We’re probably all familiar with those classroom movie scenes depicting a group of bored, bubble-gum chewing US school kids, refusing to listen to the pleas of a screaming, middle-aged teacher.
You would never imagine a project workshop descending into such chaos – unless the biscuits are particularly disappointing – but there is always the potential for a project professional to be equally dismissed and ignored.
So how can you ensure your kick-off meeting or lessons learned session is facilitated well and progress made? How can you be more Dead Poets Society than Grease?
Timing is critical
A kick-off meeting should be held as soon as the team has been identified and work has started. There is more ambiguity around a lessons learned workshop. Elisabeth Goodman of River Rhee Consulting says it should take place after a project has ended.
Not so, says APM member Dr Penny Pullan, who believes that would be too late to make any changes.
“Chances are that the report will only be filed away rather than anything positive learned. You should keep reviewing lessons regularly, with perhaps just a short slot in team meetings. Ten minutes is enough to gather lessons, which should then lead to actions.”
Karlene Agard, senior risk and value consultant at ARAVUN, says it may be beneficial to hold regular shorter workshops of around three hours rather than trying to do everything in one or two days.
Define the structure
Now that the meetings are in the diary, the workshop facilitator needs to create a structure. This means deciding who is going to be invited.
For a kick-off session or a lessons learned event, Goodman says the whole team should be there.
“Also invite the sponsor for at least part of the session, and people who have done a similar project who can share their learnings,” she says. “If the project has been handed over from a client-facing/commissioning team, such as business development, have them present too.”
Set the objectives
Project professionals should begin preparing for a workshop by being very clear in their own minds as to its purpose.
“Questions should include: What are the objectives? What’s the time plan? How will you work together in the session? And what will happen as a result?” says Pullan.
Agard suggests talking to a small, select group of team members before the meeting starts to find out what they all want covered. “Is there anything specific that you or they want? By doing this in advance, you can use everyone’s time more effectively,” she says. “When you open the meeting, you should set out its purpose and the rules of engagement.”
She cautions project professionals to be wary of anchoring, which could rupture their carefully prepared plans and schedule. “If there is someone more senior on the team like a project director or someone else who is a great communicator, then ask them beforehand to keep their views to later in the meeting. If they speak first, then others might be inclined to just agree with their opinions.”
Goodman says that project professionals must be clear that the session will be based around creating a positive learning and sharing culture.
“Don’t set it up as a witch hunt,” she says. “There should be no blaming. It is also probably better not to pre-populate too much of the information – look for opportunities to build the content with the team.”
Engage with participants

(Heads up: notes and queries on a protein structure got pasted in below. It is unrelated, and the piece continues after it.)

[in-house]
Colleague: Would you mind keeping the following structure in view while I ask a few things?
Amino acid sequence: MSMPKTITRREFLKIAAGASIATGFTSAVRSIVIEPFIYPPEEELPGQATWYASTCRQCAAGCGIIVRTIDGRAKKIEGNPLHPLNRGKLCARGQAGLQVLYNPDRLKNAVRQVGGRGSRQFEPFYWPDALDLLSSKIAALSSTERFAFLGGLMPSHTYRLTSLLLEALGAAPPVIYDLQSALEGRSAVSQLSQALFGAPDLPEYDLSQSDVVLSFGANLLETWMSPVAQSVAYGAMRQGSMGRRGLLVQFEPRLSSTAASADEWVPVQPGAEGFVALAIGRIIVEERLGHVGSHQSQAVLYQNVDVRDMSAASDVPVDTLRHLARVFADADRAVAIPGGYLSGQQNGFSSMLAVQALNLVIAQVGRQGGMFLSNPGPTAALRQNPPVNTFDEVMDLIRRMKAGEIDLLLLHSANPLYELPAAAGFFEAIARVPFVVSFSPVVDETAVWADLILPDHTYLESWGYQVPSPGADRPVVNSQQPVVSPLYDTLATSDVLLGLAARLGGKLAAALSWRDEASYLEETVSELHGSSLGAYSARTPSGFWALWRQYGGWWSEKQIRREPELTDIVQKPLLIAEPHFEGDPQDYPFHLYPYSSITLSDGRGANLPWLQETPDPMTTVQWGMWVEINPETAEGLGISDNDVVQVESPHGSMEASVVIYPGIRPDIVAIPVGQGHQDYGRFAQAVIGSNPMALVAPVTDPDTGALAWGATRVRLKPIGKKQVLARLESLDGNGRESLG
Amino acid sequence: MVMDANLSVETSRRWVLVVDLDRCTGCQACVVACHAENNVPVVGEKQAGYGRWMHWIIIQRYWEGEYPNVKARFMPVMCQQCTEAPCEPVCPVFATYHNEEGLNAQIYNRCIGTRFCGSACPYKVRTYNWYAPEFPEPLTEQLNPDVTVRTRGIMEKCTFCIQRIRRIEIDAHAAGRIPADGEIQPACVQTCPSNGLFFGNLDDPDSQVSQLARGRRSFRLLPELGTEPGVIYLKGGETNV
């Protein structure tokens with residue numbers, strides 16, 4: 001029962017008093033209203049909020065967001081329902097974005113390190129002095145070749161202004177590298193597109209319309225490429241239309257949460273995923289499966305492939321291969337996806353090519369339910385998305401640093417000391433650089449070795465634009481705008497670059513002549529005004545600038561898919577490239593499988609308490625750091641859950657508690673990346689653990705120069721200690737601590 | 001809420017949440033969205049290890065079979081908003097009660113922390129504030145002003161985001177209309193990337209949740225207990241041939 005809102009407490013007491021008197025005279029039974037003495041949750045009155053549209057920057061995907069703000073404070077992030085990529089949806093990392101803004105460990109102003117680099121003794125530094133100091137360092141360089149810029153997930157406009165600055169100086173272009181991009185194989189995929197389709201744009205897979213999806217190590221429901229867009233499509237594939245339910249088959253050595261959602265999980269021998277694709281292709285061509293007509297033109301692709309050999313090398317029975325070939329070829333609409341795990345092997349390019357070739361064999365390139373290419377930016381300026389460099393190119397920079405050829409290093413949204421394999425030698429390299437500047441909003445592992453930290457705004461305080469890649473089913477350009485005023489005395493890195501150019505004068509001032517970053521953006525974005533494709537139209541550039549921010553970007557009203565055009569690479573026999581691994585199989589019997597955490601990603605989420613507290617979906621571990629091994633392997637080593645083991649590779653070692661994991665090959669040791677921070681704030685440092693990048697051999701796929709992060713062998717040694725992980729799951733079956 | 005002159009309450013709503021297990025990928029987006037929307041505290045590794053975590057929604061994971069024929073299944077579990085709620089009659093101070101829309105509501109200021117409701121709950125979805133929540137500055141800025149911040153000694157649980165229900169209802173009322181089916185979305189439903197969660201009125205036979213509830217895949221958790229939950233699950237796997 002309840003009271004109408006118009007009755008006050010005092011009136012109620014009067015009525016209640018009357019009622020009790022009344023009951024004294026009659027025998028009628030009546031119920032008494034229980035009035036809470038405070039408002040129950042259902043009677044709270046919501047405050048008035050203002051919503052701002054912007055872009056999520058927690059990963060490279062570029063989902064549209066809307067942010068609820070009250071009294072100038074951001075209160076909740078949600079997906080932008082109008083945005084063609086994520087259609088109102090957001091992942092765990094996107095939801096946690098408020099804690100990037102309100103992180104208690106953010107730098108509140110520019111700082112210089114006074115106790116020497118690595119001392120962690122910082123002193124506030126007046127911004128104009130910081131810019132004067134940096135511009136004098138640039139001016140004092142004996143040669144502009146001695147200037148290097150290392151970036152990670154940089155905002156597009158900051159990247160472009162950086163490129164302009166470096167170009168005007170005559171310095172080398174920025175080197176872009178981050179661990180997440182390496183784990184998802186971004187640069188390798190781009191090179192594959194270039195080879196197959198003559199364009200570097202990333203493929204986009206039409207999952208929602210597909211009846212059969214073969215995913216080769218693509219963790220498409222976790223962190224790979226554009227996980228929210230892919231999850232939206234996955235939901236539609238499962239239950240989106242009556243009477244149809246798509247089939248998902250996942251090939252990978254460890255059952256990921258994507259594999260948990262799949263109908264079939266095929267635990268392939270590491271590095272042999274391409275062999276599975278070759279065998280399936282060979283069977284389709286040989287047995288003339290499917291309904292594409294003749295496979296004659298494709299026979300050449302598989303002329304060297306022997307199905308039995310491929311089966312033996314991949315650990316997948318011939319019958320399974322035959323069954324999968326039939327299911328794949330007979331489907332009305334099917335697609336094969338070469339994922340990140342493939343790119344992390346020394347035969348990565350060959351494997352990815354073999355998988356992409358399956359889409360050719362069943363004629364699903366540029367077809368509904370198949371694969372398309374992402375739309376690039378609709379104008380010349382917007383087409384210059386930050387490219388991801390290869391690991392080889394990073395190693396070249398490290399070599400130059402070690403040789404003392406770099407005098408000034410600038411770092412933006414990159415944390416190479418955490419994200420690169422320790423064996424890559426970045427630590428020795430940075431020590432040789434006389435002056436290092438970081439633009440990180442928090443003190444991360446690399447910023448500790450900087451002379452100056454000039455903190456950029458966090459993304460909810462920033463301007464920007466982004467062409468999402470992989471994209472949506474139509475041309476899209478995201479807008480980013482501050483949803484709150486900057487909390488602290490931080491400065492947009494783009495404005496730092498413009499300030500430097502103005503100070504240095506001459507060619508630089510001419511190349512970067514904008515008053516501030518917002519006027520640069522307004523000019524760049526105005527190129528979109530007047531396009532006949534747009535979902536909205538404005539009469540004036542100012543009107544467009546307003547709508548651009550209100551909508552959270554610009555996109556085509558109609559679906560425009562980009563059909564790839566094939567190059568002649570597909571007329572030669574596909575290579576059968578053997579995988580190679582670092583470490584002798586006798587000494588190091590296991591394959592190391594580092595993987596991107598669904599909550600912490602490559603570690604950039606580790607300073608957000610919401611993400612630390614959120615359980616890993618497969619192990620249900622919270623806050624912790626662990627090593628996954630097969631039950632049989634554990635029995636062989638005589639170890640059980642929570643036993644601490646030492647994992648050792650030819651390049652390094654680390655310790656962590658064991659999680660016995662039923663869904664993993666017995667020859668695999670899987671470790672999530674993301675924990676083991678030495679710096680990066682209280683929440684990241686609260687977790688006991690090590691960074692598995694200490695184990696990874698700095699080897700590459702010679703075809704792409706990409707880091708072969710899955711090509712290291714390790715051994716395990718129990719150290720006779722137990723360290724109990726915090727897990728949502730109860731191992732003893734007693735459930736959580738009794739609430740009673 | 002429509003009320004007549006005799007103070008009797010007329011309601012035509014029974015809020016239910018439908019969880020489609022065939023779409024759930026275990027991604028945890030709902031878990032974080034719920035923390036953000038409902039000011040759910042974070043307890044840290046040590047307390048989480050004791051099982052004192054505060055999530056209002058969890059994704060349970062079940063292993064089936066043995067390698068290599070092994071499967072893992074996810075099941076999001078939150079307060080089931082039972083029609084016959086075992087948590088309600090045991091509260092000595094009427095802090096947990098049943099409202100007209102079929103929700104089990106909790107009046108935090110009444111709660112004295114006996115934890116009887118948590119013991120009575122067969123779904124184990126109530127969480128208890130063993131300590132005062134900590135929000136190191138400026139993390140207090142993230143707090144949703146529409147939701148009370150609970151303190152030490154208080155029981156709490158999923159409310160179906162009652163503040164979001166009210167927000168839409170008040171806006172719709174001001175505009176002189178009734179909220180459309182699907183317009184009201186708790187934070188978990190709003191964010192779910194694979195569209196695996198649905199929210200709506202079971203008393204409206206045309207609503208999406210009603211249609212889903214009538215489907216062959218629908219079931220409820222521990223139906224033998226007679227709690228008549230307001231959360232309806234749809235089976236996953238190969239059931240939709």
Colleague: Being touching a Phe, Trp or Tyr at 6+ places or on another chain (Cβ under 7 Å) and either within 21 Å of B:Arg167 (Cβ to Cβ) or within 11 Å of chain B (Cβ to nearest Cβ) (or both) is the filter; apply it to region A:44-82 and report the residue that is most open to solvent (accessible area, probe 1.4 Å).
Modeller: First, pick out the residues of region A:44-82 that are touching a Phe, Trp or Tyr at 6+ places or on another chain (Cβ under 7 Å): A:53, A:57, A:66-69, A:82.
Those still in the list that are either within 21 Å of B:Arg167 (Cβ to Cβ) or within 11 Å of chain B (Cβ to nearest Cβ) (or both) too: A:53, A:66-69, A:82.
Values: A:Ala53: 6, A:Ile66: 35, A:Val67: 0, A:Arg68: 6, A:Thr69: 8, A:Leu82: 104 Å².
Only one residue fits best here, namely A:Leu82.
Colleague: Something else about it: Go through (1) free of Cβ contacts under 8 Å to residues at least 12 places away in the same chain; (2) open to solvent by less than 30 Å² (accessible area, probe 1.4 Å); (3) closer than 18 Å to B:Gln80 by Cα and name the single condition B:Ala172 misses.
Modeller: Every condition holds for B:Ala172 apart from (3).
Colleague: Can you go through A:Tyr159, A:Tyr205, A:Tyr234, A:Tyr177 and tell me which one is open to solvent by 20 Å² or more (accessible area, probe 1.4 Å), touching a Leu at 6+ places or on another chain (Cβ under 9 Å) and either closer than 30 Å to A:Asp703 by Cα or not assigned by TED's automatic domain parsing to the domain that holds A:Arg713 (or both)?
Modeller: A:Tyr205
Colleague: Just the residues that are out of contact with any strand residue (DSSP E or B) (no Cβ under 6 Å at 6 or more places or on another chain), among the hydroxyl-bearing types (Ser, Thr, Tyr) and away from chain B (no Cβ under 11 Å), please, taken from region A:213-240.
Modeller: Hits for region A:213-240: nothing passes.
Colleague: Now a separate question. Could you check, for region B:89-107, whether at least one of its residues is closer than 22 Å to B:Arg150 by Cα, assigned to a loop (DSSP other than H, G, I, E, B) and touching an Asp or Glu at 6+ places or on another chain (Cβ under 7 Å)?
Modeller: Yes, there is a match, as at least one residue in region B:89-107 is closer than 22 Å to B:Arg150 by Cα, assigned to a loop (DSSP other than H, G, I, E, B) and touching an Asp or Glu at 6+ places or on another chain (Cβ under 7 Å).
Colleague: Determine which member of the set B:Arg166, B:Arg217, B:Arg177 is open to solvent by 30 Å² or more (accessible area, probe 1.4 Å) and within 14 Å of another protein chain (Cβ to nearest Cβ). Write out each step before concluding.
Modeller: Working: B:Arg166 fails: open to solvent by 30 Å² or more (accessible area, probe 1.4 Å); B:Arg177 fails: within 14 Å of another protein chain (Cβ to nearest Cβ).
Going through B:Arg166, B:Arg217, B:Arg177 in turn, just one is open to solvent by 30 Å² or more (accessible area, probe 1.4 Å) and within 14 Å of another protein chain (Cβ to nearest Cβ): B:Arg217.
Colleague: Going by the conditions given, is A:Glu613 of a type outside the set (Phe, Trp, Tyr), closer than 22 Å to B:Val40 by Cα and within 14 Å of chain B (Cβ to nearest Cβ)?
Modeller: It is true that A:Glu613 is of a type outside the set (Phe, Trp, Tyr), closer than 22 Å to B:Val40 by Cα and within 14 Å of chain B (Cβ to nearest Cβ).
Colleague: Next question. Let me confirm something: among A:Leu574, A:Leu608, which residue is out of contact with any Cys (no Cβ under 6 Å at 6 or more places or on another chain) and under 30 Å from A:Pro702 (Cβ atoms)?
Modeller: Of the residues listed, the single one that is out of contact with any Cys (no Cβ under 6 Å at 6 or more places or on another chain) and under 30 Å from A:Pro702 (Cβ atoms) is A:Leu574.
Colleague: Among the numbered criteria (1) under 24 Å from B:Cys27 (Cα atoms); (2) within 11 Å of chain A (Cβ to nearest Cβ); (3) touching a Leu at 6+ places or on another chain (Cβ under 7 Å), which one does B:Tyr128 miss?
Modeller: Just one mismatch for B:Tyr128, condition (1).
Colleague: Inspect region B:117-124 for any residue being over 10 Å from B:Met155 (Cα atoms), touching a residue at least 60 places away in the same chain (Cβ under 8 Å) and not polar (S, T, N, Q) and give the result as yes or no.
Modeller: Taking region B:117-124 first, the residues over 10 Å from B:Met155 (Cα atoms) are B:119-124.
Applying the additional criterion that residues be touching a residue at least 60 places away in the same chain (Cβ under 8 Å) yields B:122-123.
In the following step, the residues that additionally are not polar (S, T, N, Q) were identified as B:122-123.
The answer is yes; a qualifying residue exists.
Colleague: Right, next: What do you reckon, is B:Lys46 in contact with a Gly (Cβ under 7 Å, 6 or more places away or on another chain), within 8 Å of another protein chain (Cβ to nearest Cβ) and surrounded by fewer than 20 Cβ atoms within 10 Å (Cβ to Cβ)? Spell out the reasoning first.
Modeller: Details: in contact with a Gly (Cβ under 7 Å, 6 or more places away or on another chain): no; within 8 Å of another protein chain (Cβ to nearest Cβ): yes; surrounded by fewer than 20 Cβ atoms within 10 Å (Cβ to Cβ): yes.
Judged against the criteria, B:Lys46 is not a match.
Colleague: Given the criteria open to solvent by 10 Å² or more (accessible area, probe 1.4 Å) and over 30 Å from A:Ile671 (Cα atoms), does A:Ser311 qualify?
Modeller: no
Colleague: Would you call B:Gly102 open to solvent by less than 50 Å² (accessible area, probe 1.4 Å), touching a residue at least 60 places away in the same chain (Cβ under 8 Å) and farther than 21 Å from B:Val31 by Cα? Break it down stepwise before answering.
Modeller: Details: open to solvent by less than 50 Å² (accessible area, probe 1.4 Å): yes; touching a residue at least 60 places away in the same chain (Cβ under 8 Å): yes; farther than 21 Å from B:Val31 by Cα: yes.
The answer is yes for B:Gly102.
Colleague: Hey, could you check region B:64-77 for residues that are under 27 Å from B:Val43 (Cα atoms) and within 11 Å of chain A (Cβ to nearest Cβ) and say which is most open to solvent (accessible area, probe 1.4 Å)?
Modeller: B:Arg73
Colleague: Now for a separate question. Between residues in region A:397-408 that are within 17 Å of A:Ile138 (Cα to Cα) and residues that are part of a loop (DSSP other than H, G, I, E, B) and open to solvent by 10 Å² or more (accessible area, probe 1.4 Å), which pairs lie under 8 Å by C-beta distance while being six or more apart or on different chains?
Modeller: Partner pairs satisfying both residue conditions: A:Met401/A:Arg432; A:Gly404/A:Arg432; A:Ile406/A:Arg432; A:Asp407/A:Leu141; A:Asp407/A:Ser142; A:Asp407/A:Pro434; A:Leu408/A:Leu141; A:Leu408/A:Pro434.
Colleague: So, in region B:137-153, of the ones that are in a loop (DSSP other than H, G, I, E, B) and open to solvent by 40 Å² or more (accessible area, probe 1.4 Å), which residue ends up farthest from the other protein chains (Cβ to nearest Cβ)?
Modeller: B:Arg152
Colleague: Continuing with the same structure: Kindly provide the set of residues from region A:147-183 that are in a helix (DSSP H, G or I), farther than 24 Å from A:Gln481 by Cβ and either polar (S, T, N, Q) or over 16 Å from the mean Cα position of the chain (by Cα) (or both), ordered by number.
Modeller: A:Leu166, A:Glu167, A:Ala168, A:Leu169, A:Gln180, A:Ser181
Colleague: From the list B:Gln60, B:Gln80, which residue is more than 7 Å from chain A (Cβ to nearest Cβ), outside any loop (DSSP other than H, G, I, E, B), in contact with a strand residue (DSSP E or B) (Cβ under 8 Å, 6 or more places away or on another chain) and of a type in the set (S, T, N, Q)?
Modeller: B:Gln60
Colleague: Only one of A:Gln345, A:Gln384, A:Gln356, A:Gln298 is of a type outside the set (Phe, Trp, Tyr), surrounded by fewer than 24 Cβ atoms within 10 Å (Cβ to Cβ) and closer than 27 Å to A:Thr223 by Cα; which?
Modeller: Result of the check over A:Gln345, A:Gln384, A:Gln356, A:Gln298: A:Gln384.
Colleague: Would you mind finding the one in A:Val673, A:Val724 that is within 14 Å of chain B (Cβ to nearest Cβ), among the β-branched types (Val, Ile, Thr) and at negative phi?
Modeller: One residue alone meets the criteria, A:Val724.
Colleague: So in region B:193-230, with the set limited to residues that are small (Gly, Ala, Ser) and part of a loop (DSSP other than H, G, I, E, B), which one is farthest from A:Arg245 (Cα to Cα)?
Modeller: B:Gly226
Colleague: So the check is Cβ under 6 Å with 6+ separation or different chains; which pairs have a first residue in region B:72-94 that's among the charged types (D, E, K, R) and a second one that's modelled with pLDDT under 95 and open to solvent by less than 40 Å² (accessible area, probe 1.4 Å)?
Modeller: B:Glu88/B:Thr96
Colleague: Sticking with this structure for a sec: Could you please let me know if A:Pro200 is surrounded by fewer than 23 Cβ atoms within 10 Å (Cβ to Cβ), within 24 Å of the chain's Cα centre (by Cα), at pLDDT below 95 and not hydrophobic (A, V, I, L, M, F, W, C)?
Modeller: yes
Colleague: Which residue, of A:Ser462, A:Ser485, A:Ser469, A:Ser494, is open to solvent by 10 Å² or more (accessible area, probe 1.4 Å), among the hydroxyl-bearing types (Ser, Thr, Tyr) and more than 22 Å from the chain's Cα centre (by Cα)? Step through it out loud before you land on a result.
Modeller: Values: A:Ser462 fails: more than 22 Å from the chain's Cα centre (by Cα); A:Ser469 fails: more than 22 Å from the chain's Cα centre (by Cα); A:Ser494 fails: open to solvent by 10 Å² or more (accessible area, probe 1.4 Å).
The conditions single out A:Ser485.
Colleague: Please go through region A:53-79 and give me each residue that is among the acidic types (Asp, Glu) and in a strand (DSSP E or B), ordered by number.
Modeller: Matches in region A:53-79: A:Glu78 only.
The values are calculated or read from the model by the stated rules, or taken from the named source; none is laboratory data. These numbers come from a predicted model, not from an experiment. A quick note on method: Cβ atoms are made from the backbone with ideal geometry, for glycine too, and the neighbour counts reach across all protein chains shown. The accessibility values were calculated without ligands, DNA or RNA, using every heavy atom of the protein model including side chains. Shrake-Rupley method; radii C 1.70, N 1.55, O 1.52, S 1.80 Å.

Pullan agrees that there must be a non-judgemental, accepting atmosphere.
“In a lessons learned session, rather than asking what worked or what went wrong, ask what went well. What should we keep doing? What do you wish we had done differently? What can we learn going forward to apply on this and other projects? These questions are much more likely to draw opinions out of people than asking for negative answers,” she says.
Programme manager Richard Samworth says project professionals should be aware of typical behaviours in a session, such as apathy, cynicism, evangelism and grievance. “Team members arriving with a long list of grievances can burn up an inordinate amount of meeting time, insisting on walking through each one of their 300 carefully documented issues,” he says. “Evangelists are disruptive and also repetitive, constantly banging on about their preferred method or technology. Once started, they can be difficult to stop.”
He usually structures lessons-learned meetings under four headings: what went well; what went badly; what we should do more of; and what we should do less of.
Use visual aids
Visual techniques can help deliver objectives and engagement. “Have a timeline of the project (planned v actual) as a visual, with significant milestones marked,” explains Goodman.
Online tools such as Mentimeter can also be effective to keep large groups engaged, enabling quick and anonymous feedback via smartphones. A digital whiteboard known as Jamboard can also be helpful in displaying real-time messages and information and can be important if staff are attending remotely.
Samworth has a more basic solution, telling project professionals to break out a pack of sticky notes.
“In a room, take advantage of the white boards or bring in a flip chart,” he says. “Pay attention to the quieter members of the group. Make sure they have plenty of Post-it notes. The quiet ones frequently have the best suggestions.”
Agard says it is important to analyse responses, opinions and data from the workshops.
“Send out an agreed list of actions a day after the meeting,” she says. “If it didn’t go well, then be honest about it and work on how to fix it in future meetings. Finally, thank everyone for their time. Always be respectful.”